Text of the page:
A. Wilson’s decision to remain in the Championship is one of a number of hopeful signs for the blue parts of Glasgow. The centre-half is one of seven recruited by Mark Warburton, three of whom scored in last weekend’s 6-2 romp against Hibernian, their main rivals in the second tier. The imaginative Warburton has the makings of an excellent appointment, charged with a long overdue overhaul of the Ibrox playing side from top to bottom.
If the finances can be put right – and only Celtic have spent more money in the transfer market this summer – then there is real, if guarded (the scars remain too fresh, the bruises too livid), reason for optimism. This is a season, then, which is forecast to end – and it is no bold prediction – with both sides of the Glasgow divide sitting pretty with a title to their name.
It's a big season for… Five players with something to prove in 2015-16
Ryan Jack (Aberdeen)
The 23-year-old will captain Aberdeen for what may well be his last campaign in Scotland. There is growing interest from south of the border in the midfielder and if he continues to progress as in the past couple of seasons then a move to the English Premier League – and a regular place in the Scotland squad – should be his.
Leigh Griffiths (Celtic)
How good is Griffiths? Flat-track bully, or natural goalscorer? The 24-year-old has always scored but has still to convince he can be a consistent threat against better teams. The first half of 2015 has gone well, with a hatful of goals and a return to the national side, and he has looked sharp in pre-season – though Ronny Deila still preferred Nadir Ciftci against Qarabag on Wednesday.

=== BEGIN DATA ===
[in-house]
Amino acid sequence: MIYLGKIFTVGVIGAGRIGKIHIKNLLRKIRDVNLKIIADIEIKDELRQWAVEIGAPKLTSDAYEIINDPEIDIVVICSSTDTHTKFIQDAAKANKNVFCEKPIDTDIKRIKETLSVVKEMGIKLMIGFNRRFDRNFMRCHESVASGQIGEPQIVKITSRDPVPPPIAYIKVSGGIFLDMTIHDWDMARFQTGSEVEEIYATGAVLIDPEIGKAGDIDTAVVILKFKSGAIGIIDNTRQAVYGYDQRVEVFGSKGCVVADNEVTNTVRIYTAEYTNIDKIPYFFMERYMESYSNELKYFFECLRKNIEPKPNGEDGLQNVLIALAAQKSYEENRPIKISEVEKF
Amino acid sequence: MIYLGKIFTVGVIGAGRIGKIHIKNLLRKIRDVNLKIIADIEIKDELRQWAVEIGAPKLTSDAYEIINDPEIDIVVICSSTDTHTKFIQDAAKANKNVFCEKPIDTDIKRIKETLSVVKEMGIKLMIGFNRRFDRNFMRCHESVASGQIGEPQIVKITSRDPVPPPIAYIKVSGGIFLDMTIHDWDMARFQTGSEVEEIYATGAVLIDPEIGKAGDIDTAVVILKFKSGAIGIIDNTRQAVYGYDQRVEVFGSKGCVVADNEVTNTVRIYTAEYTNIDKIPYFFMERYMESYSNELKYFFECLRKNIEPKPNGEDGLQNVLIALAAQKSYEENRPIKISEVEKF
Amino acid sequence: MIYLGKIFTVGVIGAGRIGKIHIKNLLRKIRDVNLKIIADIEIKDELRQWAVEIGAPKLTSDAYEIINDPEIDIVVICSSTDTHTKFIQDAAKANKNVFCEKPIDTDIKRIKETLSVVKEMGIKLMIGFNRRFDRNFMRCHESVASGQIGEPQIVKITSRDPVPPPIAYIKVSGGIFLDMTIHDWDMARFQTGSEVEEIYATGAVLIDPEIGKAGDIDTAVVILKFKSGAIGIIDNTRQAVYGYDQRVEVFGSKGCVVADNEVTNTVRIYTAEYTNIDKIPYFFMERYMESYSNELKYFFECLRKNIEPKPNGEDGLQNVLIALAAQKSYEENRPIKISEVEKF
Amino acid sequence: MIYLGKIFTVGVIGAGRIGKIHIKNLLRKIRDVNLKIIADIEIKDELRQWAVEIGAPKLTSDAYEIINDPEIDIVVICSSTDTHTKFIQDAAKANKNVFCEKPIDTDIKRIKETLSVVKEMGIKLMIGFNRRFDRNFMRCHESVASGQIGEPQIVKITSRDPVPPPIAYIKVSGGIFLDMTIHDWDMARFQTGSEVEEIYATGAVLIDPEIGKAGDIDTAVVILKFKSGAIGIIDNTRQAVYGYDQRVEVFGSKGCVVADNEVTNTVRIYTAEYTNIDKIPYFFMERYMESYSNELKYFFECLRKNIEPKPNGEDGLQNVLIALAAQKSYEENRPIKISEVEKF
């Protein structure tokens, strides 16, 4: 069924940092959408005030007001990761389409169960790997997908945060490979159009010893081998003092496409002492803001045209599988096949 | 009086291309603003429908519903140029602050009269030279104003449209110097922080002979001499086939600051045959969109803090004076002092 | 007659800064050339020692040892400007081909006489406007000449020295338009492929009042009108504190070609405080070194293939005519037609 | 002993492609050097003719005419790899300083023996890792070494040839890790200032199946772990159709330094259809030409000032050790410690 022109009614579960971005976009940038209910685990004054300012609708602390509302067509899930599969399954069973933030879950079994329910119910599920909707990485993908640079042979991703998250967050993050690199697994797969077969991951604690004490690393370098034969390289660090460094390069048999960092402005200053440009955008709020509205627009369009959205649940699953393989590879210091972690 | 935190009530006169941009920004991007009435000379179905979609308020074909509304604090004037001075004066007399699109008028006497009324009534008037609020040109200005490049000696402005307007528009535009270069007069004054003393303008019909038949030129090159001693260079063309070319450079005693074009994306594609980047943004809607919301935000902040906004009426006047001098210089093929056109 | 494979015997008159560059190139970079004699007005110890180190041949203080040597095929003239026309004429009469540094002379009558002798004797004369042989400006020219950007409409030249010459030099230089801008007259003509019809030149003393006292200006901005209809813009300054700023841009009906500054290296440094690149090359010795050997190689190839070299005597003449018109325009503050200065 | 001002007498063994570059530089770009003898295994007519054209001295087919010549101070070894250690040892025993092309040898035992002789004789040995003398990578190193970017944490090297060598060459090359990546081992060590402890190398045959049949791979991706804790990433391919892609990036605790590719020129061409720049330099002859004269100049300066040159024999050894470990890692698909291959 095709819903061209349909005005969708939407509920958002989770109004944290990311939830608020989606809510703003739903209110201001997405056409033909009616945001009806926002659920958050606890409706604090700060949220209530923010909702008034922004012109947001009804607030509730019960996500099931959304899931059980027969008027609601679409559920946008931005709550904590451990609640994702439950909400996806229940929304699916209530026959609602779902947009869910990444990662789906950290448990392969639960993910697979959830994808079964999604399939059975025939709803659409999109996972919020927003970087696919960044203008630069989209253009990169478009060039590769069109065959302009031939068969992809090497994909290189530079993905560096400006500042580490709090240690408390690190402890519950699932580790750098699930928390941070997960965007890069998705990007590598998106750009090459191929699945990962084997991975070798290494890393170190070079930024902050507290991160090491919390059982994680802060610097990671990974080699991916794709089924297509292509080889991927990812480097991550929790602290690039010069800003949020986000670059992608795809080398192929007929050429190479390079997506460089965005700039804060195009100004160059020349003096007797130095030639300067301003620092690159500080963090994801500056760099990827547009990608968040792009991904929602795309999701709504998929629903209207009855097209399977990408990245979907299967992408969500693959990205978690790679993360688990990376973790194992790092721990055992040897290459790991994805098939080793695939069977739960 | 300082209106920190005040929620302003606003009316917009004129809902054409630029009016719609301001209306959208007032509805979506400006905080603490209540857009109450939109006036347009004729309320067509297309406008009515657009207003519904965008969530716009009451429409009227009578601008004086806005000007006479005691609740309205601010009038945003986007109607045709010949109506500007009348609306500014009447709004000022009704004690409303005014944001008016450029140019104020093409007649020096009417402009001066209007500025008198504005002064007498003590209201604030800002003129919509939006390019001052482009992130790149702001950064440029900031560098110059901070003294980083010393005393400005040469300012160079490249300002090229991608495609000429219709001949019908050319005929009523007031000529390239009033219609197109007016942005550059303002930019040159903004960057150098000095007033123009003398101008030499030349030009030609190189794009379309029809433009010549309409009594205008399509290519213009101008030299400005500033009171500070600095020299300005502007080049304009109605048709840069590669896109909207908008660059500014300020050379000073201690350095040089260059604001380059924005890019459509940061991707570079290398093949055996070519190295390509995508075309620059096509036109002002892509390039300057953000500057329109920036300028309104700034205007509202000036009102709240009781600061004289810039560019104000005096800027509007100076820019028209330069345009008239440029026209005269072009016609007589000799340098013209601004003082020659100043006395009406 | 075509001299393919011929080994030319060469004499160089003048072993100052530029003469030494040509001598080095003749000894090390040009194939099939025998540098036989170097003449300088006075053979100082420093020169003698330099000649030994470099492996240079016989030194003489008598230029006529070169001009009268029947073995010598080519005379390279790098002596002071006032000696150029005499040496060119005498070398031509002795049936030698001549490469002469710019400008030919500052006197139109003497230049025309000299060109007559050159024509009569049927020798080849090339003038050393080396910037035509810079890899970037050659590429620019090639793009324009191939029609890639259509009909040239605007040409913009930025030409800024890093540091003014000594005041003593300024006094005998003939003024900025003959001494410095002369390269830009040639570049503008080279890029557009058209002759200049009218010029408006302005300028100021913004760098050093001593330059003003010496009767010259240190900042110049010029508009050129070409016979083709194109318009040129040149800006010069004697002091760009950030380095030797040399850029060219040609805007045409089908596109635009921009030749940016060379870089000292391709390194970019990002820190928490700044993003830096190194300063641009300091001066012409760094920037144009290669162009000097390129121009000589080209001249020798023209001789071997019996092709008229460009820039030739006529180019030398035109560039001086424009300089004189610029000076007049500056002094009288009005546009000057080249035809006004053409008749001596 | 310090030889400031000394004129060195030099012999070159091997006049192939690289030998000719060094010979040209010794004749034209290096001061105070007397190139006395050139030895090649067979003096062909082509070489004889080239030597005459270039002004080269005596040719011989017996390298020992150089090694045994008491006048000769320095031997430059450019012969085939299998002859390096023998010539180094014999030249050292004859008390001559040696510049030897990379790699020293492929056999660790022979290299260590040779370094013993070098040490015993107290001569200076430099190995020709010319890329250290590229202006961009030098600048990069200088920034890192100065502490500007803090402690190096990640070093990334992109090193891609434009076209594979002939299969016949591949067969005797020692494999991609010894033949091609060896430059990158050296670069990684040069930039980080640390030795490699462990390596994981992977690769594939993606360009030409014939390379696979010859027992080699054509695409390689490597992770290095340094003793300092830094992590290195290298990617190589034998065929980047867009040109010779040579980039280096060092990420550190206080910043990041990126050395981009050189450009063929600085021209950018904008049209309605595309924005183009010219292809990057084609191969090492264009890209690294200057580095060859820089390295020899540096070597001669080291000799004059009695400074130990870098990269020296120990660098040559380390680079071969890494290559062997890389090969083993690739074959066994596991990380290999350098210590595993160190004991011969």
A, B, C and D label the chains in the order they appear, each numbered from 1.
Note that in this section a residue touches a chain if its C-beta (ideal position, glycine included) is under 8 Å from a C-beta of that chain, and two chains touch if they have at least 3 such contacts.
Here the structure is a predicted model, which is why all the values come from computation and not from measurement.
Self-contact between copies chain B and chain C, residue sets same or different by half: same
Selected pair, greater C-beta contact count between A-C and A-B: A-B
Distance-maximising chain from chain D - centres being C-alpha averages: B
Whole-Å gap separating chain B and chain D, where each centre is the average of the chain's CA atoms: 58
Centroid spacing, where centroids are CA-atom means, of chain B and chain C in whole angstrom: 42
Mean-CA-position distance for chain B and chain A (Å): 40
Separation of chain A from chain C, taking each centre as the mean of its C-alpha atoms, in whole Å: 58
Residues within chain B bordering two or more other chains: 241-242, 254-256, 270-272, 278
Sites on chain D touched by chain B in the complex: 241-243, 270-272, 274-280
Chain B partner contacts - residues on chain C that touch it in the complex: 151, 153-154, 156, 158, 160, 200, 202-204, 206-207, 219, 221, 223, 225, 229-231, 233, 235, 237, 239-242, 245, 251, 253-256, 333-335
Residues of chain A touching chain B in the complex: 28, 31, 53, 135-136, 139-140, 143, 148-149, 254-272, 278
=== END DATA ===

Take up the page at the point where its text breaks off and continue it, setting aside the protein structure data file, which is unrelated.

John Souttar (Dundee United)
The midfielder became United’s youngest-ever player when he made his debut two years ago aged 16 and is the latest precocious talent to emerge from Tannadice following Andy Robertson and Ryan Gauld. The midfielder has caught Southampton’s attention and there is a club who know a thing or two about spotting young talent.
Jamie Walker (Hearts)
The No 10 shone throughout the capital side’s romp to the Championship last season, scoring 11 times and creating plenty more. But he has made minimal impact in two previous campaigns in the Premiership before Hearts’ relegation, albeit in the fledgling stage of his career. At 22 is he ready to make his mark in the top flight?
Dedryck Boyata (Celtic)
Marc Wilmots says a good season in Scotland will clinch a return to the Belgium side for Boyata. The same incentive worked for Jason Denayer last season, but Boyata’s career is further down the line than his former Manchester City team-mate after making little impression in England. The 24-year-old appears to have settled quickly and has the makings of an excellent recruit.